A bit light on the commentary today since the Year in Television ate up most of the daylight–though Lord knows we had plenty to say on an extended episode of The Mockingcast (I forget who we interviewed this time…).

1. First up, a super sweet story of grace that we missed back in October, about a 4-year old and her new best friend, ht JZ.

2. A terrific little essay from Charles Leadbetter in Aeon entitled “Nobody Is Home” on a subject that far too few people are talking about. Longing for “home”, which is often code for childhood, or love, or heaven, or God, is an extremely potent force in human life, a form of sentimental attachment that is distinct from xenophobia but (far too) easy to mistake for it. Plus, displacement and belonging are not exactly foreign to the current season:

The tiny house [phenomenon on the West Coast] is just one example of the lengths to which people will go to create a sense of home even when they lack the means for it. It’s just one symptom of a much wider and intensifying search for belonging, which makes home as important to politics as the idea of class or rights – especially now, when so many people feel displaced, both literally and figuratively, by life in innovation-driven, high-tech, networked capitalism…

The common thread to all these meanings of home is that they provide us with a tethered sense of identity. Home matters so much just now because so many people feel the tether coming loose.

norah-and-mr-dan[Controversial philosopher Martin] Heidegger detested René Descartes’s dictum ‘I think, therefore I am’ which located the search for identity in our brains. There, it was secured by a rational process of thought, detached from a physical world that presented itself to the knowing subject as a puzzle to be solved. Had Heidegger ever come up with a saying to sum up his philosophy it would have been: ‘I dwell, therefore I am.’ For him, identity is bound up with being in the world, which in turn means having a place in it. We don’t live in the abstract space favoured by philosophers, but in a particular place, with specific features and history.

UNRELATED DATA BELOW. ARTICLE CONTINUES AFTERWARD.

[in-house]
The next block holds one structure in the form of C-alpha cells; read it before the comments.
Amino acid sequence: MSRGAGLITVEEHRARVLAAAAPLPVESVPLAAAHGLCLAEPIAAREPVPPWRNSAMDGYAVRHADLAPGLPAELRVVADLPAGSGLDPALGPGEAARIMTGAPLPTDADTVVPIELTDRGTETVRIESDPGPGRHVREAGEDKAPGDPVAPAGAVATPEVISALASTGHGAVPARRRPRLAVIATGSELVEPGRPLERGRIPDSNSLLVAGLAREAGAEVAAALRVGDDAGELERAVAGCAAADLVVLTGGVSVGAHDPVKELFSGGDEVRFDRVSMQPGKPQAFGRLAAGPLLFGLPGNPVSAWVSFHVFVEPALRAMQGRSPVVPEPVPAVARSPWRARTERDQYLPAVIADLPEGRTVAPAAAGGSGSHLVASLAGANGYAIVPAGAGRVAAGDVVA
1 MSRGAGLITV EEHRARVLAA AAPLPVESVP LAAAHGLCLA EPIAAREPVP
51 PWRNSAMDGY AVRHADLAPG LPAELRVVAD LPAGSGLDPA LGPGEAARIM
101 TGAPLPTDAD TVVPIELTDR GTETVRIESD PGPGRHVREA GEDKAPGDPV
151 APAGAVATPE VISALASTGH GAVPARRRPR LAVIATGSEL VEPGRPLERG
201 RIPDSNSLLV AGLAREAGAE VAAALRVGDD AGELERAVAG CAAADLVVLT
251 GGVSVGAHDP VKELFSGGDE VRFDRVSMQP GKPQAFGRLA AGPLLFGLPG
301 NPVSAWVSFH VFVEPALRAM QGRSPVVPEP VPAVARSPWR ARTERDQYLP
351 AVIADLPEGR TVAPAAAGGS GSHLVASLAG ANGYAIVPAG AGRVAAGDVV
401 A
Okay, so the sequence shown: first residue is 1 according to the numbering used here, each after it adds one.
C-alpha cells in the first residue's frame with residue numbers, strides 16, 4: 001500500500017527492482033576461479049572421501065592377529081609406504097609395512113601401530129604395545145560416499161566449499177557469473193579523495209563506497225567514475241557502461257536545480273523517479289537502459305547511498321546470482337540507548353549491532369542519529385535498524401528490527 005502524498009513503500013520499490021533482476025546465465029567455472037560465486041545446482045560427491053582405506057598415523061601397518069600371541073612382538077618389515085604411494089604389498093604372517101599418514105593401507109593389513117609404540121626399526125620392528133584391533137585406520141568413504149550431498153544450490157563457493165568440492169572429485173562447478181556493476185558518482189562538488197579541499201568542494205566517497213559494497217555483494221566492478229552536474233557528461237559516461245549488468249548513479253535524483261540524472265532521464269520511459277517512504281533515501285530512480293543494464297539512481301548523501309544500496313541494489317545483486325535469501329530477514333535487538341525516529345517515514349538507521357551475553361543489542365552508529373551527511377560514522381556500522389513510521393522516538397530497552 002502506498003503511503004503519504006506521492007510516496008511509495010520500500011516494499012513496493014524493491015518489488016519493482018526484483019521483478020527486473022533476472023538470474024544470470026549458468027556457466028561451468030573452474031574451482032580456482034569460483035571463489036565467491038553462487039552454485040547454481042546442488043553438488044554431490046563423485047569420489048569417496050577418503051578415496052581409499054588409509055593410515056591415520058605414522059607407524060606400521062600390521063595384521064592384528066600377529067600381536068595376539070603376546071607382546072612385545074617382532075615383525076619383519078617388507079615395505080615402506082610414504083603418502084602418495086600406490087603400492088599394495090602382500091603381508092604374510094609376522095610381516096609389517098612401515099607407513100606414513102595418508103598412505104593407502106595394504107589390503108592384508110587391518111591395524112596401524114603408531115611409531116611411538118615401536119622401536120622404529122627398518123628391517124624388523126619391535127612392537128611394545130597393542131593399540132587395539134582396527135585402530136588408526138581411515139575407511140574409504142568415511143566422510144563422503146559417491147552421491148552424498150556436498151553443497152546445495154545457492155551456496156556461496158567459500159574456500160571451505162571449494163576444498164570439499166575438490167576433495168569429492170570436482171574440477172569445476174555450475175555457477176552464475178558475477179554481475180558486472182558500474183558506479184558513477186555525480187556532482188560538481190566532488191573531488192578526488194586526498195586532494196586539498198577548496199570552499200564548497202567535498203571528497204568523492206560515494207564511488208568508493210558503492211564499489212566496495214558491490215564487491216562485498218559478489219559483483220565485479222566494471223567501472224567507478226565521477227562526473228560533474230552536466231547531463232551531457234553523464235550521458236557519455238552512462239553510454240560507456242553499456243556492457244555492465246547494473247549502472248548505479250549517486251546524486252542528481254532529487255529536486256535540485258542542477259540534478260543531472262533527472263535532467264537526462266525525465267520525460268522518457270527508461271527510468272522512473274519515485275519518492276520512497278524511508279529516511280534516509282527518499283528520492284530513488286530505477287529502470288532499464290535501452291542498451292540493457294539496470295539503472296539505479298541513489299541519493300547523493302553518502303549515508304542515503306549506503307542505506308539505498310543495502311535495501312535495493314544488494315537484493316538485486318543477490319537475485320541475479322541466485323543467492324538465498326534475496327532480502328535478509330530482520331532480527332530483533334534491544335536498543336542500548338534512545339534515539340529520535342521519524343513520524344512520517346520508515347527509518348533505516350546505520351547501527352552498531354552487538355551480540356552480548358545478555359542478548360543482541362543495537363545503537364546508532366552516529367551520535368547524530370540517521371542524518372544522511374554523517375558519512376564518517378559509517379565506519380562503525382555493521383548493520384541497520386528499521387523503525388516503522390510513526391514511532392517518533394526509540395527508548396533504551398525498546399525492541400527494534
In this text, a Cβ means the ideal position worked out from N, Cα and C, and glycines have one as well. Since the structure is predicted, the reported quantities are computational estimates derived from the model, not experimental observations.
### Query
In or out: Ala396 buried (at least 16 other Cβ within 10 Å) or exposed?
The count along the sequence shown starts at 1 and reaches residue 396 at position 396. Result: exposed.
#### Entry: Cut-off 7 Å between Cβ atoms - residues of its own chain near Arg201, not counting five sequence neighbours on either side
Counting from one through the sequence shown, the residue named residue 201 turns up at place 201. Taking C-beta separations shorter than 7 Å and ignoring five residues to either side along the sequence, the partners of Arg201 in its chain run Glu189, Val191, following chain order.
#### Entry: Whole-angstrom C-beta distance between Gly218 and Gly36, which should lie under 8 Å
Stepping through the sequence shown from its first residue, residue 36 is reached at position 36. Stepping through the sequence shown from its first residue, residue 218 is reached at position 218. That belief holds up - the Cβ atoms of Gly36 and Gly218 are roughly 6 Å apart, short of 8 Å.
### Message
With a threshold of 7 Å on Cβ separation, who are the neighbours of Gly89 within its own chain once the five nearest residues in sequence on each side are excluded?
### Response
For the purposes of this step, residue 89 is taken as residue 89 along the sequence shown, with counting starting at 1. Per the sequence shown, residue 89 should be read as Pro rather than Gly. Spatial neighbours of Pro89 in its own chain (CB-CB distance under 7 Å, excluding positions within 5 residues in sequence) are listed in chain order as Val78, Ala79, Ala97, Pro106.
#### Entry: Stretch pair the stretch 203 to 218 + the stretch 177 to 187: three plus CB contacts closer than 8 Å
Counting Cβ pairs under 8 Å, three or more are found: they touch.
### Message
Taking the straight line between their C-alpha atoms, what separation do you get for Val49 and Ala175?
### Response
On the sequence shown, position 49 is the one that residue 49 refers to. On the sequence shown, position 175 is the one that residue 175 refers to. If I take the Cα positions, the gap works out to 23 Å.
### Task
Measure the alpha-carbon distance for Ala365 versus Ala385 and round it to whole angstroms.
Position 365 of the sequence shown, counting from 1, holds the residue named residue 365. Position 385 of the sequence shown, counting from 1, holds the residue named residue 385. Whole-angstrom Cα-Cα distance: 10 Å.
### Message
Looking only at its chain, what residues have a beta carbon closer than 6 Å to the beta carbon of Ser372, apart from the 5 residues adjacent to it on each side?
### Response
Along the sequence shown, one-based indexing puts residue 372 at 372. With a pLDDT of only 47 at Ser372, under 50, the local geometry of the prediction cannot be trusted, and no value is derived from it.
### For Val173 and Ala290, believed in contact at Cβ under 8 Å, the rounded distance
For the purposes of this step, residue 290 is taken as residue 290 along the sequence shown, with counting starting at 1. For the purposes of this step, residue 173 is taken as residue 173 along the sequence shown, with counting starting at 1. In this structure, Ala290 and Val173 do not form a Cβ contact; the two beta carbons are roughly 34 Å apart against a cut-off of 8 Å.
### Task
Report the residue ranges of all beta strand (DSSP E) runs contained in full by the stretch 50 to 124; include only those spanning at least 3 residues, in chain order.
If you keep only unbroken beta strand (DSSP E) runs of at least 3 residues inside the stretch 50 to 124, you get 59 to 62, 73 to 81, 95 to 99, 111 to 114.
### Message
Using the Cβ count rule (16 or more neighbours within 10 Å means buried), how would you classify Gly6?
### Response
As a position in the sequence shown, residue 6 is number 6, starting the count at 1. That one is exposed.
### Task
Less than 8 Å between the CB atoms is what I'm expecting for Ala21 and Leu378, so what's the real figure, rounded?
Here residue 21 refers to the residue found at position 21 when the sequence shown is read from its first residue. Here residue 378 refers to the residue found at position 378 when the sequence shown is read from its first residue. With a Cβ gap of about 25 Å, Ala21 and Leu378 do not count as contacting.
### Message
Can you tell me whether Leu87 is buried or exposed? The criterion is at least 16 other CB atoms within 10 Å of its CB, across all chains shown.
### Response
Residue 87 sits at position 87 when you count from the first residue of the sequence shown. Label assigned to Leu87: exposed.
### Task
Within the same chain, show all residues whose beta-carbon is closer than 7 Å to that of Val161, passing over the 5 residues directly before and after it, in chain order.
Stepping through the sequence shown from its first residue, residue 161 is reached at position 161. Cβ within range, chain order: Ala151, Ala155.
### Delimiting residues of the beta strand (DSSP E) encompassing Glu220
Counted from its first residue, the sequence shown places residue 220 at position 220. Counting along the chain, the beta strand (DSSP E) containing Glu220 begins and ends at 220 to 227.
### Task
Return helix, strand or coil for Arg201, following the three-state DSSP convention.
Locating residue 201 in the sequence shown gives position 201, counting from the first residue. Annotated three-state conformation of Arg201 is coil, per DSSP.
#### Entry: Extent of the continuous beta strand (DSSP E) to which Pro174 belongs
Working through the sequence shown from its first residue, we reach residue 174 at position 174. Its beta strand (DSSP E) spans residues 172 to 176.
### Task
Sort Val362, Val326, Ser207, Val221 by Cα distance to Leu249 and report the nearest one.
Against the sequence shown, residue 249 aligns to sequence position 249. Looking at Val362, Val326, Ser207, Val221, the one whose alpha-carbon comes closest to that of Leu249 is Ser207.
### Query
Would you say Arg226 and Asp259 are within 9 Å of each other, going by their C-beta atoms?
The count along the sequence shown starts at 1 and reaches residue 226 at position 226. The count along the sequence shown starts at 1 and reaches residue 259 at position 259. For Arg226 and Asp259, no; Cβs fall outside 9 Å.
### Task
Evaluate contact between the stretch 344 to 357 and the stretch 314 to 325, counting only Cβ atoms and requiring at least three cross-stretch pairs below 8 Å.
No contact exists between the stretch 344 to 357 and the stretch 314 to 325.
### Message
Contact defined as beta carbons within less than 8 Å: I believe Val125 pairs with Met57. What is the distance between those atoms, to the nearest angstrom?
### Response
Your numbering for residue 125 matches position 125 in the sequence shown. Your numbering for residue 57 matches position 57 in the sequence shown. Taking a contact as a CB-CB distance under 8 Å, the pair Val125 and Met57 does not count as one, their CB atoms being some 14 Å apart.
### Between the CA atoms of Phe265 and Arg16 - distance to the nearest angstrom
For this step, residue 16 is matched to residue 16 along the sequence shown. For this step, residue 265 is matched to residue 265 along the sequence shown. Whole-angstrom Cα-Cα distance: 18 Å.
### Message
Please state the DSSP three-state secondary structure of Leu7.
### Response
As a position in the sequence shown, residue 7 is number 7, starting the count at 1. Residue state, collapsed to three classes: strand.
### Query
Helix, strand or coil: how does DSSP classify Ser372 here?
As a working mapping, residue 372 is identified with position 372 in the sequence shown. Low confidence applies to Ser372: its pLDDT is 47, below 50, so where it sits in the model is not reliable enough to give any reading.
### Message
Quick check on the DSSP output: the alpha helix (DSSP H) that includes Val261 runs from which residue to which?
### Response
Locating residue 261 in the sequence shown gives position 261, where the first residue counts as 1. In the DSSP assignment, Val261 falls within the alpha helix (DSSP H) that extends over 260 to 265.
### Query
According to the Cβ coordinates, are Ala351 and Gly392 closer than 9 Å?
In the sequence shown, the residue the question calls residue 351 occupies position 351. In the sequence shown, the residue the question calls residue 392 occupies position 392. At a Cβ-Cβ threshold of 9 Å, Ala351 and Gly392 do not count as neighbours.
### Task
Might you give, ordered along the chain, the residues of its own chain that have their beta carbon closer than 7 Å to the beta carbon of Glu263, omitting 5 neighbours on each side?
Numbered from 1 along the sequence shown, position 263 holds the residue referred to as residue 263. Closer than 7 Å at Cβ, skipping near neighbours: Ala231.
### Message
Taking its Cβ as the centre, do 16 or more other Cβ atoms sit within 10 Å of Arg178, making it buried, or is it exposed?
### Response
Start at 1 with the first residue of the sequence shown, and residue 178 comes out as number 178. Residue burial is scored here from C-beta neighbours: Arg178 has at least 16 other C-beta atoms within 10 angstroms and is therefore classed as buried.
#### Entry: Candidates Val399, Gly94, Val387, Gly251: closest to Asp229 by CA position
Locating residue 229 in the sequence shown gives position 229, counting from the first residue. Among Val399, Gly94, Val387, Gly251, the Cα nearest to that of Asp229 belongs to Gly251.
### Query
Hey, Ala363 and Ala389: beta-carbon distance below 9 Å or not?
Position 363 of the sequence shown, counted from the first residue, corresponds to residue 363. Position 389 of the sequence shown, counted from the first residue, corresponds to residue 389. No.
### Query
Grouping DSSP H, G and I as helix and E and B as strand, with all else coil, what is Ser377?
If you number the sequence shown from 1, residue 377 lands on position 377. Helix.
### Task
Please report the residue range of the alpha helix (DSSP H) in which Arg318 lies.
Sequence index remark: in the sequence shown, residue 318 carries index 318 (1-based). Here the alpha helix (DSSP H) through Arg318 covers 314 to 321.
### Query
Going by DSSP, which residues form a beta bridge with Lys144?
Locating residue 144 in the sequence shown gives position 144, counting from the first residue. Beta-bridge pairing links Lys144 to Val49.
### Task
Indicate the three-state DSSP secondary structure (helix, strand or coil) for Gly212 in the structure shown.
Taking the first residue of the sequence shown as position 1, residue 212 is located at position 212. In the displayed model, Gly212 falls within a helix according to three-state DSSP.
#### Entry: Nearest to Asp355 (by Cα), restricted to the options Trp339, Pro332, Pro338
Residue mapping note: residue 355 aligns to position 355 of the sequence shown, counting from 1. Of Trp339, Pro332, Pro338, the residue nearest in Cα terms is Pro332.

Heidegger’s pessimistic diagnosis of the ills of a restless and rootless modern society, driven by science and technology, is that it systematically robs people of this feeling of being at home in the world. It is set up to deny the very thing we most need for a sense of identity and purpose. For Heidegger, nostalgia – the unrequited longing to return home – is a necessary condition of being modern.

Tensions over the meaning of home will only intensify; if people feel thwarted in finding their place in the world, they can become angry, depressed, defeated and sad.

3. Speaking of life away from home, believe it or not, this year marks the 20th anniversary of Henri Nouwen’s death. Commonweal published a beautiful, thorough tribute by Michael Higgins entitled “Priest, Writer, Mentor, Misfit” . The whole thing is worth your time, but one paragraph that stood out would be:

…the richly faceted dimensions of Henri Nouwen, a Pierrot-like figure with many masks: a solo artist and yet needy companion; a man born for the stage and yet deeply unsure of his own authenticity; a marvel and a misfit; a Joseph with a many-colored dreamcoat. In his ability to turn personal vulnerability into spiritual exploration lies the broad appeal his writing made—and continues to make—to his devoted readers. Nouwen addressed other people’s pain by nakedly sharing his own; he spoke of our “woundedness” because he knew what that meant in very personal and even visceral terms. Whether counseling students, attending to the sick and the dying, or comforting the despairing, Nouwen drew from the well of his own anguish. He saw in his own pain a conduit of grace, a generative source of compassion and ground of human solidarity, an opening to heal others.